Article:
Lesson Plan Template: General Lesson Plan
Learning Objectives: What should students know and be able to do as a result of this lesson?
Students will be able to:
- Interpret standard deviation.
- Use the visual characteristics of a dot plot to estimate standard deviation.
Prior Knowledge: What prior knowledge should students have for this lesson?
In order to successfully teach this lesson, the students must know how to calculate standard deviation. The students should also be familiar with calculating measures of center and spread. Students should be able to create a frequency table and dot plot.
Guiding Questions: What are the guiding questions for this lesson?
Is there more variability in the ages of the students in our classroom or the distance the students live from the school?
Teaching Phase: How will the teacher present the concept or skill to students?
For this lesson, the teacher should draw two frequency tables on the board or on chart paper. The teacher will gather information from the students as they enter the classroom, (i.e., the age of the student and the distance each student lives from school). As the students enter the classroom, the teacher should have each student place a tally mark in the corresponding cell for each table. The data should be entered as whole number values, (e.g., 14 yrs old or 3 miles from school), rounding the distance to the nearest mile. Rounding to the nearest whole will make it easier for students to compare the dot plot representing the data to the standard deviation of the data. Also, the standard deviation will be easier to compute. Each student should determine the distance he or she lives from school prior to class (previous night's homework). The distance between two addresses can be found on mapping websites such as Mapquest.com or Google Maps. If students are unable to gather this information prior to class, a list of sample data, Distances from Home Data worksheet (see attached), may be used instead.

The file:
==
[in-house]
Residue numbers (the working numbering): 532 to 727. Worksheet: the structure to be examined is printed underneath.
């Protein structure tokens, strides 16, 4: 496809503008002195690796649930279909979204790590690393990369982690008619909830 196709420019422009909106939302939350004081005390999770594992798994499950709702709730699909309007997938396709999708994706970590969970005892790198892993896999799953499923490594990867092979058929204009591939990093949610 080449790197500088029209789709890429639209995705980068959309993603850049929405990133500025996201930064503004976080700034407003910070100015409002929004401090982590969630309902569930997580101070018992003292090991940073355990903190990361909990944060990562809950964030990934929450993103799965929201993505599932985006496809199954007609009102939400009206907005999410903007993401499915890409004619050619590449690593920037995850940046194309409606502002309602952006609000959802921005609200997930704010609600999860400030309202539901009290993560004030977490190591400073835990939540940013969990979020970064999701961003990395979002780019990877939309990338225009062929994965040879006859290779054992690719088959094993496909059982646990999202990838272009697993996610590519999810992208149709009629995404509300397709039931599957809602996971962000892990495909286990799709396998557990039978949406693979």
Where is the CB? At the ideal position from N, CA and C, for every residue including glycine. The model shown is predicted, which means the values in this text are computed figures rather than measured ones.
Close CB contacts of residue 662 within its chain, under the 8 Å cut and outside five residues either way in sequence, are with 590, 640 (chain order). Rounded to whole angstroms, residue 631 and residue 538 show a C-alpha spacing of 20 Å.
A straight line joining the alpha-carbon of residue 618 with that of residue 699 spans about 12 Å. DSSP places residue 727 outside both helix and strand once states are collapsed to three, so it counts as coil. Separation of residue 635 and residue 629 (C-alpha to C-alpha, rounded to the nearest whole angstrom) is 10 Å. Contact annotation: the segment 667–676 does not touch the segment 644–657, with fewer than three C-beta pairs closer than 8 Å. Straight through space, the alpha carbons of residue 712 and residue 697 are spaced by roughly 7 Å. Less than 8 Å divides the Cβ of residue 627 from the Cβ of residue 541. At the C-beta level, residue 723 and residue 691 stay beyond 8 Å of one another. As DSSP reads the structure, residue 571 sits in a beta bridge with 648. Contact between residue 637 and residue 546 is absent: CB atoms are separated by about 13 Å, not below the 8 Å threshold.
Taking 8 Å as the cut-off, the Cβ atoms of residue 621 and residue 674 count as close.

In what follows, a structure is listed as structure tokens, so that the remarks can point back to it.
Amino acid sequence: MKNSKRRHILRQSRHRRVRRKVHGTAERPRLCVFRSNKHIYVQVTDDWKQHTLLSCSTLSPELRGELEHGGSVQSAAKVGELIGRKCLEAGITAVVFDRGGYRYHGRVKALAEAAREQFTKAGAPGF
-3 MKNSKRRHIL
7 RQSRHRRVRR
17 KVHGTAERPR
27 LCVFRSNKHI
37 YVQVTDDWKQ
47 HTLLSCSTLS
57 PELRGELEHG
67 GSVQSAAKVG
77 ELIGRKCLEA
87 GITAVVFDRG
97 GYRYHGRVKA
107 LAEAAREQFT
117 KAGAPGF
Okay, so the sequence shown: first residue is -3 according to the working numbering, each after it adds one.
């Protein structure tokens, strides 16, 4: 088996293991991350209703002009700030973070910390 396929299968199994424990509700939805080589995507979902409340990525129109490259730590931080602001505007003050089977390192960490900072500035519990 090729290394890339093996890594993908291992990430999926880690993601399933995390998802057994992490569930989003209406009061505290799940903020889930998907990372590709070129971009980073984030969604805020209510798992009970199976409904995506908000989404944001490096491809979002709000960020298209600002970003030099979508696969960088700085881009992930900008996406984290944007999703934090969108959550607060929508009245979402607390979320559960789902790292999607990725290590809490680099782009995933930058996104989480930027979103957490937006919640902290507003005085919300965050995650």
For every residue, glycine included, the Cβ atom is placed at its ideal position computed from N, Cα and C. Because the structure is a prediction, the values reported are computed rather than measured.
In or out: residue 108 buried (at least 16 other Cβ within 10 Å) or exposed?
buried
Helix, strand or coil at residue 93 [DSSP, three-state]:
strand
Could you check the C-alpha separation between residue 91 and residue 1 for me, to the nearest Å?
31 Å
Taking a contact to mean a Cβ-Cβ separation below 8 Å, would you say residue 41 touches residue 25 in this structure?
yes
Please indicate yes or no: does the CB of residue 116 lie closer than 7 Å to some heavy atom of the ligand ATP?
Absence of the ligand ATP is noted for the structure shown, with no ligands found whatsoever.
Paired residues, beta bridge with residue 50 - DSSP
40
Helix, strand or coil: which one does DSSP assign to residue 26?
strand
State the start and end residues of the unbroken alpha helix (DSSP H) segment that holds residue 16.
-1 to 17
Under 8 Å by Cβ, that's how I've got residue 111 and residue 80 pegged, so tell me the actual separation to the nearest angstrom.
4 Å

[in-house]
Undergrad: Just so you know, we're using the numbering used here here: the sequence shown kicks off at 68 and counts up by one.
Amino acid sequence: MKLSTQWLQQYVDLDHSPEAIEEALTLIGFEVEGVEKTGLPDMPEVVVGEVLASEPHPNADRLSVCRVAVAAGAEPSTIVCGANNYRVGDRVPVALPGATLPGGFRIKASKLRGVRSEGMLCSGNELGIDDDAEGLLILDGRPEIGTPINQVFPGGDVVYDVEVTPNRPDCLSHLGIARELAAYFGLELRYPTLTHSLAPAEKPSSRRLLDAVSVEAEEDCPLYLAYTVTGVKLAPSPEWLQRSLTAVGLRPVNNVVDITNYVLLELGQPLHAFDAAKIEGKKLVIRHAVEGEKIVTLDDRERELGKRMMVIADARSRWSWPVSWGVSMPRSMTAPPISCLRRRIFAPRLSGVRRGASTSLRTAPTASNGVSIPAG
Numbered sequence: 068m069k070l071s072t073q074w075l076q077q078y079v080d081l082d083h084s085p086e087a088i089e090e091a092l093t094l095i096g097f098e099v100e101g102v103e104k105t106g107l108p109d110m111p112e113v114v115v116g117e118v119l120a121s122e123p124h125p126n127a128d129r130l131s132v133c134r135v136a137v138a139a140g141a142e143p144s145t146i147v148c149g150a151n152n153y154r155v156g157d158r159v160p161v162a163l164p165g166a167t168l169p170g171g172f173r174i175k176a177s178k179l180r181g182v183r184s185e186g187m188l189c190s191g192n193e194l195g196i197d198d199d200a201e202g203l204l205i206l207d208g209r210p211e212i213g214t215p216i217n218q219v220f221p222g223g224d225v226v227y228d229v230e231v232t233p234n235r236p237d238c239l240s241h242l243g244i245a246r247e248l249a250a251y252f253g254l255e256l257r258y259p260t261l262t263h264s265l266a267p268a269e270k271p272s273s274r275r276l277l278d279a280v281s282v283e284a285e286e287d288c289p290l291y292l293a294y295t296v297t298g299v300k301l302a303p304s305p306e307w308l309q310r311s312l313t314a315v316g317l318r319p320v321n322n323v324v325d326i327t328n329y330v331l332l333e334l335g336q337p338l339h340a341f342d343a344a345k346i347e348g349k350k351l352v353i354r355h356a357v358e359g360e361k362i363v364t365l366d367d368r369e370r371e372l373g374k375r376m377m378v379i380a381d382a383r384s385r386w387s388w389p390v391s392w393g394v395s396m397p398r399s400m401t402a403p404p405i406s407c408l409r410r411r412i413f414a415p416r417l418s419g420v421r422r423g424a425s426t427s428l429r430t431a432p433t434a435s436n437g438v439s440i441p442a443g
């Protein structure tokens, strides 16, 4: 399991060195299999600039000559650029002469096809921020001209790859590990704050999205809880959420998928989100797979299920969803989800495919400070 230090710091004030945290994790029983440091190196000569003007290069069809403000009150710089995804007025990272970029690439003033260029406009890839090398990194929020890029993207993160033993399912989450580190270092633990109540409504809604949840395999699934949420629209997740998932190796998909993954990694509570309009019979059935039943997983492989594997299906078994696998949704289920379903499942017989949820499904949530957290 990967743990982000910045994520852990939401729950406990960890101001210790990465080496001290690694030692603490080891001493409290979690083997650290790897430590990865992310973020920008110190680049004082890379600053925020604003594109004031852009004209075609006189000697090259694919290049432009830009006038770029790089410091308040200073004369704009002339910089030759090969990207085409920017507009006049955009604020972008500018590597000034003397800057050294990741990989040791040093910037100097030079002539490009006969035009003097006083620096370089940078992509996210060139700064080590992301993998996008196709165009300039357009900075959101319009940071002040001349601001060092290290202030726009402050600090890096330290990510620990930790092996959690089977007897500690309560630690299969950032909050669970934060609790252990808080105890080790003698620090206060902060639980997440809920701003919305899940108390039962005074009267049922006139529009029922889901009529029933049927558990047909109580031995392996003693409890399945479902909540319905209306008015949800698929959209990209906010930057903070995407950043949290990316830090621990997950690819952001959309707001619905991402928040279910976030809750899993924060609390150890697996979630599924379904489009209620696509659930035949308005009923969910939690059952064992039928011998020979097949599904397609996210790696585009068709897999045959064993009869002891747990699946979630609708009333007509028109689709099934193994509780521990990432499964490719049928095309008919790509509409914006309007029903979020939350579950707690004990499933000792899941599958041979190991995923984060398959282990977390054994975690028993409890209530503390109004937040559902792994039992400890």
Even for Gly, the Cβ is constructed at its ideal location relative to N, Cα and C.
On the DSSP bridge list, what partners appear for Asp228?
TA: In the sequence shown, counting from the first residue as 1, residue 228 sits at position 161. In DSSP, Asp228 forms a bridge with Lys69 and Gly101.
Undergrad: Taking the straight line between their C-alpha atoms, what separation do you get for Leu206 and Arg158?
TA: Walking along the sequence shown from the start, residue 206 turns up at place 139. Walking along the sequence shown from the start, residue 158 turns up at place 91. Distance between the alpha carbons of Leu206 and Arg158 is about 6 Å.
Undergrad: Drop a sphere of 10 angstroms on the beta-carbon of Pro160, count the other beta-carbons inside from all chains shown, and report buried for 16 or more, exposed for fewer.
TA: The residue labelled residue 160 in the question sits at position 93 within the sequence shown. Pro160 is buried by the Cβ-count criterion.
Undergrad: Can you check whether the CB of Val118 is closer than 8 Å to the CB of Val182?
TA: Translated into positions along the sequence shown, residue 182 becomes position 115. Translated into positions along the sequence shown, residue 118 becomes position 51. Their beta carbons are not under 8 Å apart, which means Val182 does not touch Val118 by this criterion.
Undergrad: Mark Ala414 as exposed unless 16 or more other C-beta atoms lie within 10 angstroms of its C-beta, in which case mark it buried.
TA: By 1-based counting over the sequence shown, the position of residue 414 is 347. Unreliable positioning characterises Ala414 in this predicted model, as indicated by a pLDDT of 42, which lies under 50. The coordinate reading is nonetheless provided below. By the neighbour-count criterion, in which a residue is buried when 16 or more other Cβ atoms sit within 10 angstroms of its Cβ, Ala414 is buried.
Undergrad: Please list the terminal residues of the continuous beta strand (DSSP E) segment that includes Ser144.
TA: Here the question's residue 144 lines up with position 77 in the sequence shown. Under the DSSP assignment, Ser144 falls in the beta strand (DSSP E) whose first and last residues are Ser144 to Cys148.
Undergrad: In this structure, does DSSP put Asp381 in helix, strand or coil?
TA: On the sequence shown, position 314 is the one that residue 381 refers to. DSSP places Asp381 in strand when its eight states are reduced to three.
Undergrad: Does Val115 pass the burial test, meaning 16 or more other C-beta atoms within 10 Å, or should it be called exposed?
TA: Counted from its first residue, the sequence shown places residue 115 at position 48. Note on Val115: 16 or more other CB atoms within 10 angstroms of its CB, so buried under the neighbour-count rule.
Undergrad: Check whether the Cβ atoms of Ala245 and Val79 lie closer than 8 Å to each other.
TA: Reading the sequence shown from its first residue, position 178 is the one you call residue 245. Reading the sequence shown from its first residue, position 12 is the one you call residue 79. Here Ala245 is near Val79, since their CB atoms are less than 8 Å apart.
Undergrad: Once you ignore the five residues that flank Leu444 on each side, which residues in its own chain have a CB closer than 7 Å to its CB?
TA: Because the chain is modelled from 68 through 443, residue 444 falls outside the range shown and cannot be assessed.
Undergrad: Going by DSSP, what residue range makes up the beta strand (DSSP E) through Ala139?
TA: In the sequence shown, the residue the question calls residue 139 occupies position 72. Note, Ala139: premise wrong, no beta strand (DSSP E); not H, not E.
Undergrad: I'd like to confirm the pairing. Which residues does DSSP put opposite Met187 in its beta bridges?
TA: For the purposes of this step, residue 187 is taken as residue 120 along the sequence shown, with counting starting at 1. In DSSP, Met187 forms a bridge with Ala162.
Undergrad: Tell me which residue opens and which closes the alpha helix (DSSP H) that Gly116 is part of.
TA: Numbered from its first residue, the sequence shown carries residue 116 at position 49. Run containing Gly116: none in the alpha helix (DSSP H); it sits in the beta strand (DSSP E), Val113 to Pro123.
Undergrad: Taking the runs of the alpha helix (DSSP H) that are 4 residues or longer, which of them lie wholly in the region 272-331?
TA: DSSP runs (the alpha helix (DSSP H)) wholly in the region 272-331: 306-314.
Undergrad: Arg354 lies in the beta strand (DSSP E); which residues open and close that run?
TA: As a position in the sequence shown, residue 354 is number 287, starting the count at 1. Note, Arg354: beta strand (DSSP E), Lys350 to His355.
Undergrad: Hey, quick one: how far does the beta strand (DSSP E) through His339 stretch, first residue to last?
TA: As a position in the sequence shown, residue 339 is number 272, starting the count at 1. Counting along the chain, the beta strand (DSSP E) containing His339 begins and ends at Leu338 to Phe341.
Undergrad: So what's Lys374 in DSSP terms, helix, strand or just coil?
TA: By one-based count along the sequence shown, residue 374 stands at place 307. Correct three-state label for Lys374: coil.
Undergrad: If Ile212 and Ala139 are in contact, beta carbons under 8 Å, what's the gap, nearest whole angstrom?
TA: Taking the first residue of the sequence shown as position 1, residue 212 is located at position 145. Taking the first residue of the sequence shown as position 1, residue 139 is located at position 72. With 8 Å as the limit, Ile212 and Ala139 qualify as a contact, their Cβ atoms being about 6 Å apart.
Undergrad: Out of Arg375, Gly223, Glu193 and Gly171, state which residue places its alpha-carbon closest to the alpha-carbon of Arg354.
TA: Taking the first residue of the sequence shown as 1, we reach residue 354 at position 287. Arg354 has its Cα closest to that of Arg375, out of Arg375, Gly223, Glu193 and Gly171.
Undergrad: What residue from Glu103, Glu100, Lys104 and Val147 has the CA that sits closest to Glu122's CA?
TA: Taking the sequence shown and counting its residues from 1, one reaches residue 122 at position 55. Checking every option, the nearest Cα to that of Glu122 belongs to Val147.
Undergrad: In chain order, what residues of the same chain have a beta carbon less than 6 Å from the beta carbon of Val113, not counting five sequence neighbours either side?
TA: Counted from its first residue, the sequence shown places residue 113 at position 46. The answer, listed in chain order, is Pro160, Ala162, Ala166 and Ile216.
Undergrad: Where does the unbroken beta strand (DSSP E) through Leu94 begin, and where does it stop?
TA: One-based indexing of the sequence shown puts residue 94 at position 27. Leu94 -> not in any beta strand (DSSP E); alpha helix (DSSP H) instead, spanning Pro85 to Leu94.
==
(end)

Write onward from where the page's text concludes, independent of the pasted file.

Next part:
As a warm up, have the students make observations about the data in the frequency table. The observations may be discussed with partners or in group. Encourage the students to include conversations approximations of the mean, median, mode and range. Also, remind the students to consider any outliers and their possible effect on the measures of center and spread. The teacher should encourage the students to also review how to calculate standard deviation. If time allows, the students can share one observation from their group with the class.
As you are working through the lesson and the students are working through the worksheet, do not hesitate to review with a class any topics that are necessary. For example, in the worksheet you may need to review how to create a dot plot.
Guided Practice: What activities or exercises will the students complete with teacher guidance?
The teacher should have the students copy the values from the frequency tables onto their lesson Worksheet (see attached). The students may complete the worksheet individually, in pairs, or the teacher may guide the students through its completion as a whole group. The teacher should have the students write important information down. The second question on the worksheet asks students to write down some observations from the frequency table. Students should include the responses mentioned during the warm up (e.g., conversations about the mean, median, mode, range) and add any new observations he or she may have.
The teacher may want to have the whole class, or small groups of students, stop after completing question 6 to have a conversation about their prediction for question 7. Repeating this conversation may be helpful for the second sets of data as well.The students will complete the lesson Worksheet (see attached) in class.
If necessary, the teacher can look over the questions related to frequency table and dot plot, to identify if the students are struggling in that area. You may also need to review how to create a dot plot and the the different distributions or skewness applied to a dot plot.
This worksheet should be used to help guide the students with organization of their data.
It has space for the students to:
- Copy the frequency table.
- Create a dot plot.
- Calculate standard deviation.
- Answer all questions.